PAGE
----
A Virginia man is seeking legal action against the doctors who misdiagnosed him with ALS after test results revealed he actually had Lyme’s Disease.
After going for a hike in August 2013, entrepreneur and father Matt Slatner received tick bites that he believed almost from the beginning resulted in Lyme Disease, WWBT reports.
Slatner’s speech slowed down and he had trouble walking. Rashes developed on his body while headaches overwhelmed him. He couldn’t even move his arm.
"My right hand was bothering me," Slatner told WWBT. "And I said, 'Man, I'm feeling horrible. Real tired. I can't wake up.'"
Doctors kept misdiagnosing him, with conclusions ranging from eczema to panic attacks and a stroke.
"The whole time, everywhere we went, [we] brought the ticks up," Slatner said. "Everyone said no. They won't cause symptoms that manifest in this way."
Finally one day doctors sat the man down and told him they believe he had ALS.
ALS is an irreversible neurological disease that gradually causes the mind and body to deteriorate, Mayo Clinic reports. The illness can result in death.
"I said, 'Yeah, but what about those ticks?'" Slatner told WWBT. "He said, 'Enough's enough. The reality is, you have ALS, and you know, you really need to embrace what I am telling you.'"
Yet Slatner and his family continued researching Lyme Disease at home.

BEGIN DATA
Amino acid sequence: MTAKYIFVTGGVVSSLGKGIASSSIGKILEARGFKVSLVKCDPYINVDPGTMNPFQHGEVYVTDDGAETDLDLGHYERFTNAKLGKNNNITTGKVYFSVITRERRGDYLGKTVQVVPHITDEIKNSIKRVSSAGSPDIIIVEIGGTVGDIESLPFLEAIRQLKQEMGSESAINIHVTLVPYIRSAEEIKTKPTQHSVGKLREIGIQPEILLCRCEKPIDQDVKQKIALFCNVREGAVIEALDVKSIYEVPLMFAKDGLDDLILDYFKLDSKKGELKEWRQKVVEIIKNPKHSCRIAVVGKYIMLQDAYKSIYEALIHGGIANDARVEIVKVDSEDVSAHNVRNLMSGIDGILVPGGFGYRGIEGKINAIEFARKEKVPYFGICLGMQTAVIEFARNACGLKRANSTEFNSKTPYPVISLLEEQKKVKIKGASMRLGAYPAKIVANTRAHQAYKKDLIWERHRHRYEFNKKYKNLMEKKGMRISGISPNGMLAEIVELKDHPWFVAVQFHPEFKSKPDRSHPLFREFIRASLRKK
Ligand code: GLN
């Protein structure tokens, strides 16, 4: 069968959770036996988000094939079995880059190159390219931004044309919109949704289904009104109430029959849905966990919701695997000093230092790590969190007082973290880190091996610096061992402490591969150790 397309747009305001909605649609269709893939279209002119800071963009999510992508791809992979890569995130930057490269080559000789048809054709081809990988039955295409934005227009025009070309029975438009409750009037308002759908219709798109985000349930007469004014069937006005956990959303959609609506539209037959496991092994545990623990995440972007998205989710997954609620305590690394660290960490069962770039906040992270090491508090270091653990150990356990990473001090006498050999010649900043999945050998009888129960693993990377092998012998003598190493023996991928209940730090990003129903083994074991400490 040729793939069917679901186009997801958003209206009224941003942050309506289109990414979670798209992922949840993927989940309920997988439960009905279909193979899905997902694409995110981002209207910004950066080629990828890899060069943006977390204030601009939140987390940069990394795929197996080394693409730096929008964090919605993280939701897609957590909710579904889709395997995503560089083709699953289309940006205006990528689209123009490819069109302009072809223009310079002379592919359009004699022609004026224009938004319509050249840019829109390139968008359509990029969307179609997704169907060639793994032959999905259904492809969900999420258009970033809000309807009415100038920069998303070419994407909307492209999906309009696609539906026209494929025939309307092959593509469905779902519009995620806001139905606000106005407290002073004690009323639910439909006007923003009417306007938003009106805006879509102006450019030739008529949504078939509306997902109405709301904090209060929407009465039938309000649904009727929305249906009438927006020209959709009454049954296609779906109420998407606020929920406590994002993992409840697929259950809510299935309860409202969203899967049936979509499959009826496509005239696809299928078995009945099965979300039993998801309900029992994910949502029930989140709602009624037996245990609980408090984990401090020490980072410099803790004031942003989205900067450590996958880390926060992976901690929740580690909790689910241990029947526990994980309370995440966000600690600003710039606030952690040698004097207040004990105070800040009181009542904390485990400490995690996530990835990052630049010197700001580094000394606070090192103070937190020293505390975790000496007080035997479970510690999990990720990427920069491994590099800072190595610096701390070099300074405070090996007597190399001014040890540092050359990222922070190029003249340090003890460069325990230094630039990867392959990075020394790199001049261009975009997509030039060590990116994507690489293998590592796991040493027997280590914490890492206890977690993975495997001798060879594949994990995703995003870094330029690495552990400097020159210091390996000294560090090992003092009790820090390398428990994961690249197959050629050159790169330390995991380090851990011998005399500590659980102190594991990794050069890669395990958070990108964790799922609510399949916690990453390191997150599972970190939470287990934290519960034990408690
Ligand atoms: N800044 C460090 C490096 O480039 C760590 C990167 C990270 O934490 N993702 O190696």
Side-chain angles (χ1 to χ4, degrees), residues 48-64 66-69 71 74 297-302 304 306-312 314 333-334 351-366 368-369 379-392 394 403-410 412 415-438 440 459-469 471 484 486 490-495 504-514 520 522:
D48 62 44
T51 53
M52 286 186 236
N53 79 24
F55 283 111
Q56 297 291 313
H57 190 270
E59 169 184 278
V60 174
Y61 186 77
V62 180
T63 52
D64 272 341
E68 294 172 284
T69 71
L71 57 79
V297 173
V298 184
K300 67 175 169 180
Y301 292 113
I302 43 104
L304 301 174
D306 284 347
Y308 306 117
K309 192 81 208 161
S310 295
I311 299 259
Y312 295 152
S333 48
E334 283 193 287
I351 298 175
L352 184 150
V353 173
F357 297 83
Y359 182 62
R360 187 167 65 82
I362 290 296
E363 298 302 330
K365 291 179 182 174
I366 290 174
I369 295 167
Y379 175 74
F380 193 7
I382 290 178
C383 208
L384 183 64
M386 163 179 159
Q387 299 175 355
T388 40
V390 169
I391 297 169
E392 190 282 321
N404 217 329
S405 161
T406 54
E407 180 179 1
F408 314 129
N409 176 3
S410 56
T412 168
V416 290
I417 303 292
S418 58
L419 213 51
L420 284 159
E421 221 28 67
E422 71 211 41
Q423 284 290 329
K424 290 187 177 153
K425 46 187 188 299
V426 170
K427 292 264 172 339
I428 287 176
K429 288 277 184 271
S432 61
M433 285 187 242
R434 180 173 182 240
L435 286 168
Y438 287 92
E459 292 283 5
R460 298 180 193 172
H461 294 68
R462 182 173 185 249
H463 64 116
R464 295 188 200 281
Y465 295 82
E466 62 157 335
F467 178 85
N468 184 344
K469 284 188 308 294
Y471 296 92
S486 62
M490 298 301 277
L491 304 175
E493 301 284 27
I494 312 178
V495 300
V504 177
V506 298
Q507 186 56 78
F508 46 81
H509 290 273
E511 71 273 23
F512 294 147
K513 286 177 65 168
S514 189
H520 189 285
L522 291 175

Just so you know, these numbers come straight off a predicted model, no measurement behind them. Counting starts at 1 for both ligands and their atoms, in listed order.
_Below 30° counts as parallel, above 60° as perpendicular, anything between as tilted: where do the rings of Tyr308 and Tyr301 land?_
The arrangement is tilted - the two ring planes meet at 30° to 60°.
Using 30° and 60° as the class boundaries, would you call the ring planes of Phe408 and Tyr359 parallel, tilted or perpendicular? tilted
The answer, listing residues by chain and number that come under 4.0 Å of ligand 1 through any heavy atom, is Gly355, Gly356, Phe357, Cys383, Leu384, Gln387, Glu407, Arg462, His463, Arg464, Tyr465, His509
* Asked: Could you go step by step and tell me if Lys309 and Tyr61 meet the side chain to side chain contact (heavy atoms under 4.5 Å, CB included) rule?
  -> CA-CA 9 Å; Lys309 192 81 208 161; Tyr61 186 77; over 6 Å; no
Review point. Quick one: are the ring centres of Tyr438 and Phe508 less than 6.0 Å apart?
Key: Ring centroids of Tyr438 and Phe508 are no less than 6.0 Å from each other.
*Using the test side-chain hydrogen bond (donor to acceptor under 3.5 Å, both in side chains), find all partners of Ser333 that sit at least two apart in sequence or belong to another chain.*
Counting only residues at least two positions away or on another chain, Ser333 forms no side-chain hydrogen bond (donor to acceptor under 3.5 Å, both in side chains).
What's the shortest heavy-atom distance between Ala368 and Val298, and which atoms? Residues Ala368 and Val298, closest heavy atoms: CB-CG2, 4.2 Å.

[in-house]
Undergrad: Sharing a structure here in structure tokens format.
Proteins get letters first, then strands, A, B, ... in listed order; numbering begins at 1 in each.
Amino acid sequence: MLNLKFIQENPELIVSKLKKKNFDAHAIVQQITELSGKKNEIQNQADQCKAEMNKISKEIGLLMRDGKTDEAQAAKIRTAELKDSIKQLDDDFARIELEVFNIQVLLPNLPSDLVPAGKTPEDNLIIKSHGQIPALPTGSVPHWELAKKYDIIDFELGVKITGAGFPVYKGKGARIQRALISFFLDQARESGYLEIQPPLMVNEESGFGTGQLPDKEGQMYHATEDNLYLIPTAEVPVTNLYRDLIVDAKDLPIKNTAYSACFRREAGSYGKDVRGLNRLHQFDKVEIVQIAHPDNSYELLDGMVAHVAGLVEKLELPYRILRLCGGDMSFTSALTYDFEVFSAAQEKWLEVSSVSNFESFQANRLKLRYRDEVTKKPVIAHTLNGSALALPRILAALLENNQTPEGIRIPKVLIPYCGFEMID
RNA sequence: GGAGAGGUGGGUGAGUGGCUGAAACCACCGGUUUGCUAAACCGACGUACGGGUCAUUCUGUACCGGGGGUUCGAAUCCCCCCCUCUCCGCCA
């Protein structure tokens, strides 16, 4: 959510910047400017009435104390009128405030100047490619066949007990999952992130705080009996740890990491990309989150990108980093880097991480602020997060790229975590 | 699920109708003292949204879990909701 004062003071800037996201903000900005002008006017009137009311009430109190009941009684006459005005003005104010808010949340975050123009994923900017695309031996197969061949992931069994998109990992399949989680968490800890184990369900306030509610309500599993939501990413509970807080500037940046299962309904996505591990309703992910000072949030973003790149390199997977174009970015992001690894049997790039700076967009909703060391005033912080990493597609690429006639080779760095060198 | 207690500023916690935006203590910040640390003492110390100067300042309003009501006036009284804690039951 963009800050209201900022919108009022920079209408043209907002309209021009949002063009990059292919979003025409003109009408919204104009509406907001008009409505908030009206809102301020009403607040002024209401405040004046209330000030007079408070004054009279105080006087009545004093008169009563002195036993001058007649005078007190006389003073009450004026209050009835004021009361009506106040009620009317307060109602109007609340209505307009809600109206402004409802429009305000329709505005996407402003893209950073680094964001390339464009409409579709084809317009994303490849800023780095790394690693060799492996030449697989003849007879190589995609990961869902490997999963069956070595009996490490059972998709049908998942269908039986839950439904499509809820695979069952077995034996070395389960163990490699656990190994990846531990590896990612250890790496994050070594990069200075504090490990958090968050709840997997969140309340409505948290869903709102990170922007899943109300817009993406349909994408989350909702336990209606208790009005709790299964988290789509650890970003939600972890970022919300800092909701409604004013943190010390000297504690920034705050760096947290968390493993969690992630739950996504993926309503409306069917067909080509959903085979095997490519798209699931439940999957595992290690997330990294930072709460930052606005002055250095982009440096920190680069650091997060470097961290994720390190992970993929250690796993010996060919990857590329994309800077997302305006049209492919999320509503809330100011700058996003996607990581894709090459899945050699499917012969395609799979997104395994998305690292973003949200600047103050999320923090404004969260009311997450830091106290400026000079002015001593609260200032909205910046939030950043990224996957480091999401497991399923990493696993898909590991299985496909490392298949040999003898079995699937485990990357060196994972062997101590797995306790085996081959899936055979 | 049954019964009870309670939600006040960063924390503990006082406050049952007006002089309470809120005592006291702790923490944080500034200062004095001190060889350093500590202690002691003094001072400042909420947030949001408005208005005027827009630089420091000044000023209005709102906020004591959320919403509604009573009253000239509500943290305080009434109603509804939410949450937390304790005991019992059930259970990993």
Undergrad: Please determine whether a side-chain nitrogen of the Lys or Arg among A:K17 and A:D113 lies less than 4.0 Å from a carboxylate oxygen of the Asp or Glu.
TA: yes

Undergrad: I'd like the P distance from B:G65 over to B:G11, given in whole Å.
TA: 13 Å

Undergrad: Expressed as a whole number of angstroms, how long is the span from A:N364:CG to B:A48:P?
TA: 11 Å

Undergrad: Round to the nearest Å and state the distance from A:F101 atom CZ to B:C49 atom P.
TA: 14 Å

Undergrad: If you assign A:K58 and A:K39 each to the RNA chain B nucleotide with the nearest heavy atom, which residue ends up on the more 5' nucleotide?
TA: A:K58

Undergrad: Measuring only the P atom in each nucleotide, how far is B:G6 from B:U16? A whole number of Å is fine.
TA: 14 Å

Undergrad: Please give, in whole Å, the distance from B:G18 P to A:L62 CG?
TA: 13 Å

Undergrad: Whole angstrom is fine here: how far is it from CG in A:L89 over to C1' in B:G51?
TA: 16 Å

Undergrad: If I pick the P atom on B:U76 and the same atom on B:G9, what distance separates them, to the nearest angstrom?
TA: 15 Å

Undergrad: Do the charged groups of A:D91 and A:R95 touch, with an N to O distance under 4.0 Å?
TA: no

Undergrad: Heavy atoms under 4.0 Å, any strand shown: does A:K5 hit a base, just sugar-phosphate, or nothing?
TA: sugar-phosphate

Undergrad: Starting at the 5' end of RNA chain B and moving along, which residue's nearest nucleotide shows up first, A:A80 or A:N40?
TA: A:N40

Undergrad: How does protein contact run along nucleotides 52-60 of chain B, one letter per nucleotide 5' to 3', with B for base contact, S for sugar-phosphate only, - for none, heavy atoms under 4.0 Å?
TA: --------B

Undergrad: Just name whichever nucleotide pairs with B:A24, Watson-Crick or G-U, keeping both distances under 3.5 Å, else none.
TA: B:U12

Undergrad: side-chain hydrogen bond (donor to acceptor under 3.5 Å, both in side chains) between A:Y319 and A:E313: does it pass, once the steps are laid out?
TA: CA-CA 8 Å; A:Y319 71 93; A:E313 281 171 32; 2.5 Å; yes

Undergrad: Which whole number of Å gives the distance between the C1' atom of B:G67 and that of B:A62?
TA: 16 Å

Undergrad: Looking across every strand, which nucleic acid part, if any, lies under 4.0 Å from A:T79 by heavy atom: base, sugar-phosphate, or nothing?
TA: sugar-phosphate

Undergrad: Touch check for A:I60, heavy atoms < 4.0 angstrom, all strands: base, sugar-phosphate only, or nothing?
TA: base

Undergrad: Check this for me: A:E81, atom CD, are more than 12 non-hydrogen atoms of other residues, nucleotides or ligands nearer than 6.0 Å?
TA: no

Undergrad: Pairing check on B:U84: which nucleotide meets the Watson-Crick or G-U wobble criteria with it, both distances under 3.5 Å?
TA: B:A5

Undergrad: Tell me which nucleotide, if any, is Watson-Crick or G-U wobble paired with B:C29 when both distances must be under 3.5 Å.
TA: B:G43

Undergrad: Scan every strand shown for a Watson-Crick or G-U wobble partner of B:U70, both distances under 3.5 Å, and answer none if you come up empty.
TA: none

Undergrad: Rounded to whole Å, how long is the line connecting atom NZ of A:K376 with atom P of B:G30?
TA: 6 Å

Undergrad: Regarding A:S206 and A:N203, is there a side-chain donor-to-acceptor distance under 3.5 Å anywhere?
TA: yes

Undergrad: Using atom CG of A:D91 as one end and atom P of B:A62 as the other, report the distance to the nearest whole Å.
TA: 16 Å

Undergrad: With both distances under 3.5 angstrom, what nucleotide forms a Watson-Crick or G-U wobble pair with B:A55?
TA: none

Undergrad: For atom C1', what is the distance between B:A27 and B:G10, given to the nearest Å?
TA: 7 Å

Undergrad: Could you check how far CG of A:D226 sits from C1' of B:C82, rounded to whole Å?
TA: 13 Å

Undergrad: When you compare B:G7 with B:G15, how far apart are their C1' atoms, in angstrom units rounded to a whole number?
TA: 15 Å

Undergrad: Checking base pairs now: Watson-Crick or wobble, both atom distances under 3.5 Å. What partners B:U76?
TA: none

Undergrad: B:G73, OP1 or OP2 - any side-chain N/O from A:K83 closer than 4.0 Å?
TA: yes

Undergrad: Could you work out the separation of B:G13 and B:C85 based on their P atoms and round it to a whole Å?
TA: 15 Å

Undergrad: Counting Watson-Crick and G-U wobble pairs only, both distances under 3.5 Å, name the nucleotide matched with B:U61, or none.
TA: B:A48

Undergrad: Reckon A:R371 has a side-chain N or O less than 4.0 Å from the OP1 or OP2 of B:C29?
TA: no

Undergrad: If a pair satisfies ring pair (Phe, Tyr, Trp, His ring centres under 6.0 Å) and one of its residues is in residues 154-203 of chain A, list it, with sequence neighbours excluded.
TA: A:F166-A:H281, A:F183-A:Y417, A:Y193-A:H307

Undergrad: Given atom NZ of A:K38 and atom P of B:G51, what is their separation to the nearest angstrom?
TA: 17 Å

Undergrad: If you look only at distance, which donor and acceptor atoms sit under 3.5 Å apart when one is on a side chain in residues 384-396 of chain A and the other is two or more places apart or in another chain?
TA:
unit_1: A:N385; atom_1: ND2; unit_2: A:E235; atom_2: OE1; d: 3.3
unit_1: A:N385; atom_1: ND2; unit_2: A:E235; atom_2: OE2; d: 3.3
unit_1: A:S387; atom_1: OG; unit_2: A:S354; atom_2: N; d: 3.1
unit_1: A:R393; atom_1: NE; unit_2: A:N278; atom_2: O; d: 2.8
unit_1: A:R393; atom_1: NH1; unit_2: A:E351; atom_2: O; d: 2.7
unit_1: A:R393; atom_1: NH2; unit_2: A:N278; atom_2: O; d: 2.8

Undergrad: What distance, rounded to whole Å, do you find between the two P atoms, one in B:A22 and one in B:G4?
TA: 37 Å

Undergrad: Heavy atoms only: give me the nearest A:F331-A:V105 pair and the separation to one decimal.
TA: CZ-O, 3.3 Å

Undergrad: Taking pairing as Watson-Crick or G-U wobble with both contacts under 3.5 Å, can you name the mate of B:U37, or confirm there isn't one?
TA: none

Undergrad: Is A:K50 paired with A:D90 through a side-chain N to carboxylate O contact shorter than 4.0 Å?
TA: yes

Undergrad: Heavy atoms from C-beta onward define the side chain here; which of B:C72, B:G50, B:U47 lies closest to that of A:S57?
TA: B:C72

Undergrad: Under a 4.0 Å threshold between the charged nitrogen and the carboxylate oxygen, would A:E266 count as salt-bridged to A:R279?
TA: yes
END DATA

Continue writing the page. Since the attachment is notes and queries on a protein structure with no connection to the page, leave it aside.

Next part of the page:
"Every single thing is Lyme symptoms," Matt’s wife, Stephanie Slatner, said. "No one would listen. I mean, they made us both feel like we were crazy."
That was until one fateful day after his family got sick, Matt visited an urgent care facility. There he received penicillin and began to feel better
"That Friday, I called the ALS doctor. 'Hey, guess what? I feel great!'" Slatner said.
Reluctantly the doctors then tested the man for Lyme Disease. Sure enough, the results proved Slatner was right all along. Now, Slatner is undergoing rounds of antibiotics with a different doctor. His treatment requires intensive IV therapies, costing tens of thousands of dollars. He will also have to pay for home support and therapy.
Now the family is seeking legal action against the medical professionals, saying that if Slatner's tick bite had been treated two years ago, he would not have lost a year of his life, along with thousands of dollars. Now Slater has many months, if not years, of recovery ahead of him.
They also seek to raise awareness of the disease to help avoid a future misdiagnosis for others.